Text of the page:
The land south of Polaris Parkway between Cleveland Avenue and Africa Road has sat mostly vacant for more than a decade, as office and retail developments have sprung up around it on three sides.
Westerville city leaders hope they can change that by purchasing the 67 acres known as Altair from the private developers who own it.
"It's really too valuable of land to let waves of development pass it up," Westerville City Manager Dave Collinsworth said. "We believe it's time for the city to play a more active role in this development."
To that end, Westerville City Council was to hear the first reading of three pieces of legislation June 3 to authorize the city to purchase the land for $6.7 million from Altair Realty Ltd./North Westerville Ltd.
Jerome G. Solove, son of the late central Ohio developer Richard J. Solove, is listed in state records as the incorporator of both companies.
The city also would refund $9.5 million in to the landowners that it would have eventually owed for infrastructure improvements through an existing tax increment financing agreement.
Over time, the city will see that money returned as the land is developed, Assistant City Manager Julie Colley said.
Colley said it's crucial for the city to take an active role because Westerville is being passed up for development opportunities.
"Announcements are coming from other communities," Colley said. "We have a good opportunity to capture that market that we're currently losing."
A development plan for the Altair site has existed since 2001, Colley said. It was updated in 2005. Plans once included a multi-screen theater development and a hotel with space for convention meetings. But those subsequently were developed father west in Columbus' Polaris Centers of Commerce area.
Then the economic downturn of 2008 brought progress on the site to a standstill, Collinsworth said.
The city, however, is often the first contact for businesses that hope to locate in the area, and city leaders said they have heard demands from investors -- demands they believe the Altair property can meet.
"We have interest in the retail side, we have interest in the office side and we have interest in the hotel side," Collinsworth said, referring to Altair as the "last bit of key, prime ground in the city."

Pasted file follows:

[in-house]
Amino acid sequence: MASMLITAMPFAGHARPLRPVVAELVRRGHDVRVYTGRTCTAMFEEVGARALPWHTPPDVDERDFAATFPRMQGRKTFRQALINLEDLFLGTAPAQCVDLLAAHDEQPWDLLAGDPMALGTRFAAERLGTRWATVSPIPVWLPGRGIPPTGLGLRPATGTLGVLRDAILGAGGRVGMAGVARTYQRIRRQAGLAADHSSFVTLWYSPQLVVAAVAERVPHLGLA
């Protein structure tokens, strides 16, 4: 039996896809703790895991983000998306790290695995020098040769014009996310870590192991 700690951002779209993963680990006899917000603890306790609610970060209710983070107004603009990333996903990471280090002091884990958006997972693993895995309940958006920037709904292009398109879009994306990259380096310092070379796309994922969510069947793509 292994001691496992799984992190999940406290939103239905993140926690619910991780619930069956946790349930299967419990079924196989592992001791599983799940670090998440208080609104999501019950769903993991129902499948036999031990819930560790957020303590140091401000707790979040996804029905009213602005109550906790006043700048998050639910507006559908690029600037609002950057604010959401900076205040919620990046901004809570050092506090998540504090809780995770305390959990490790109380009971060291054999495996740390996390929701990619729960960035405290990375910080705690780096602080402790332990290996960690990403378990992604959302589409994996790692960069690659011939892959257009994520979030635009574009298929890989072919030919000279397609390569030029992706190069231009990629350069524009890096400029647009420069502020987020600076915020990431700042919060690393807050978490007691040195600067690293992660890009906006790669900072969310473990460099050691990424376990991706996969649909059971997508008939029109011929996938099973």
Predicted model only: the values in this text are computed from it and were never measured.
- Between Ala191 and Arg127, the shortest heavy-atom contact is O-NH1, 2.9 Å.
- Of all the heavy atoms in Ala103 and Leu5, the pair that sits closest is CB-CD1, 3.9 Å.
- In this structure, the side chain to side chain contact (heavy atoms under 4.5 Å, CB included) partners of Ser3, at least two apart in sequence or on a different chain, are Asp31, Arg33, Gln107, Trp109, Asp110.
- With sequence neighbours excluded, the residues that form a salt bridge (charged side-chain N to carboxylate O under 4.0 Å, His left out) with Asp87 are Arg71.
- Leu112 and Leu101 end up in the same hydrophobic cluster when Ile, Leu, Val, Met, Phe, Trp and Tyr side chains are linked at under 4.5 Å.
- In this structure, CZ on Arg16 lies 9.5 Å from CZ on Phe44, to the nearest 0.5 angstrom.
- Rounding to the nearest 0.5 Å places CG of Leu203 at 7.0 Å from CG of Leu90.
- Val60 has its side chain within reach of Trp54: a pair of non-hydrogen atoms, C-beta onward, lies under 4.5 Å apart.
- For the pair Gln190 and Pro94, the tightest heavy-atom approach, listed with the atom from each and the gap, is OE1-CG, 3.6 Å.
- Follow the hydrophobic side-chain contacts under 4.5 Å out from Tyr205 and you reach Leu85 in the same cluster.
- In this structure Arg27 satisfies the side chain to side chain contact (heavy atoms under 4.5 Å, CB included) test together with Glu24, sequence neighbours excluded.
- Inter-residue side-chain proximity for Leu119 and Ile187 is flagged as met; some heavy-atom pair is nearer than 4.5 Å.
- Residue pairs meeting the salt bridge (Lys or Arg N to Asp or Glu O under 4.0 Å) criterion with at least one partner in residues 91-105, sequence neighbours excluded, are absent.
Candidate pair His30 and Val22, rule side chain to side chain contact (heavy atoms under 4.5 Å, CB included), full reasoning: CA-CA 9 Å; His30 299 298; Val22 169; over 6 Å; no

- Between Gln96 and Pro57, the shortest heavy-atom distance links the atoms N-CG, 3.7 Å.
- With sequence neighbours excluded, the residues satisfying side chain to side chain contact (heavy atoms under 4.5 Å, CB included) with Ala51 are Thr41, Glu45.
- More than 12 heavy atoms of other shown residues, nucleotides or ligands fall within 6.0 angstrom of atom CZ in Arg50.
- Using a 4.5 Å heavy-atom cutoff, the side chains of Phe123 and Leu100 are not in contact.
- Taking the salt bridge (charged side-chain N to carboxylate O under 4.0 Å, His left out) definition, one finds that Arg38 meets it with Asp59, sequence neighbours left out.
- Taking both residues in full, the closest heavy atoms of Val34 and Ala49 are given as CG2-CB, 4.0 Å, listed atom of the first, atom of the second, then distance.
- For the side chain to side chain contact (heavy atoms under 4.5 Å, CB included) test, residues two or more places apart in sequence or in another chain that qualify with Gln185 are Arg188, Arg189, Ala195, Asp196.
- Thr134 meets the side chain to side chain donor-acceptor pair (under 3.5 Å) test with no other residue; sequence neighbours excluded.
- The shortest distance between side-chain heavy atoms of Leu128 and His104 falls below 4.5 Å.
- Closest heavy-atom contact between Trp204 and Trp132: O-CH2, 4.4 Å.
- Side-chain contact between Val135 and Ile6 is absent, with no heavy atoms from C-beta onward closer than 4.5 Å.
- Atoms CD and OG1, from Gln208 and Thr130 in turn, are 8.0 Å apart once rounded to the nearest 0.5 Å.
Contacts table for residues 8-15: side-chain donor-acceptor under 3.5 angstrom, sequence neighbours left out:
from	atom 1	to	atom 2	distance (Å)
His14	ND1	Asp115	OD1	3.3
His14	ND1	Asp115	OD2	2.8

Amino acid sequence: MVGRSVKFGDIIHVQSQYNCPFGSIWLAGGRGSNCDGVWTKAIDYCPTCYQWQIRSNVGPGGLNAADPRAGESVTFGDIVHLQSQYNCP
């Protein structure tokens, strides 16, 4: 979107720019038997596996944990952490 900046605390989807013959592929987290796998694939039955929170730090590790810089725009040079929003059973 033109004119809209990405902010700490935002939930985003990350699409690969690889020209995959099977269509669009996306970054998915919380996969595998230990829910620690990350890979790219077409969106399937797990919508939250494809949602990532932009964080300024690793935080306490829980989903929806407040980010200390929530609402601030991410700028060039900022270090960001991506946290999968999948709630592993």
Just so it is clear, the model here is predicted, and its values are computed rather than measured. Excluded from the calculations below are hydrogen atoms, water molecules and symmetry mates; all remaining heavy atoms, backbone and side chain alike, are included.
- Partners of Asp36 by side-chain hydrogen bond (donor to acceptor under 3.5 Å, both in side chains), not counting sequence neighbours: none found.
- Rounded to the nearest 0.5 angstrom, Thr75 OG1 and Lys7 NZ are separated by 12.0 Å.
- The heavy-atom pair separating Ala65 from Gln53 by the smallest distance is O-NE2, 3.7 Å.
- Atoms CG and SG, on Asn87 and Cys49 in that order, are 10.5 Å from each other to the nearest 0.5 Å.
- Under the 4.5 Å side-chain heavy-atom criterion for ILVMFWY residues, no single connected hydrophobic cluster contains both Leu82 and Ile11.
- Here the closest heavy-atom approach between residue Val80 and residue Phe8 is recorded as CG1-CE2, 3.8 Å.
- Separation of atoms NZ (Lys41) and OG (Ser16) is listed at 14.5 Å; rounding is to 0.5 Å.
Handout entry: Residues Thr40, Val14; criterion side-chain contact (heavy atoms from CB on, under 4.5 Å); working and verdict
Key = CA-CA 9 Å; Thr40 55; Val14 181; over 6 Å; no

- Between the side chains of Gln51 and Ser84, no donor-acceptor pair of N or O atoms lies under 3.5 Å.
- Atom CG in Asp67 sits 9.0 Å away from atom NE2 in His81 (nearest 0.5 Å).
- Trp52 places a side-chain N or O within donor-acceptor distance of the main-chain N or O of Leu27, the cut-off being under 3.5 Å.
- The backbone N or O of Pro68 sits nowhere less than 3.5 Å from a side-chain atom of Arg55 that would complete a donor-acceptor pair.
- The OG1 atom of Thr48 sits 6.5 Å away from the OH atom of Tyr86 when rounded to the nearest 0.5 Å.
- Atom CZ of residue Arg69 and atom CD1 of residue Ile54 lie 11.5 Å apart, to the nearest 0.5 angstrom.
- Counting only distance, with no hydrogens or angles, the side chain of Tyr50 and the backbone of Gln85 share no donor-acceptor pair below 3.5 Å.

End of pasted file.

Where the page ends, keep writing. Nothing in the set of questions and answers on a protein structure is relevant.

The city likely will directly market much of the site, looking to sell off smaller parcels to developers, but may bring on brokers to help sell harder-to-market parcels with less visibility, Colley said.
In addition to marketing the site to potential developers, the key role of the city will be to lay down infrastructure on the site to support the business development, Westerville Economic Development Administrator Jason Bechtold said.
"We'll be building the public piece of this, and they'll be building the private piece of this," Bechtold said. "We're going to do what the city does well: Build the infrastructure to allow for private development."
The city will stick with the development plan on file for the parcel, Colley said. That calls for a mix of uses on the site, including a hotel with conference space, office and retail.
In the mid-1990s, the city invested $30 million to add roadways and infrastructure to the northwest quadrant of the city, known as Westar, to allow for commercial development on 941 acres.
Since then, tax revenue from successful development on that land has repaid that investment, Collinsworth said, and city leaders would like to see that success spread to the vacant plot of land near the heart of the development.
The developed parts of Westar have brought 7,000 jobs to Westerville. The city staff estimates that the development of ALTAIR could bring an additional 3,000, Bechtold said.
The approach of buying a large parcel of land to encourage commercial development is not new for the city, Collinsworth said.
It's the same approach the city used in the 1990s to develop the Westerville Commerce Center and the Hoff Woods Business Park along McCorkle Boulevard, Collinsworth said.
"We view this as a natural extension of what we've already done," he said.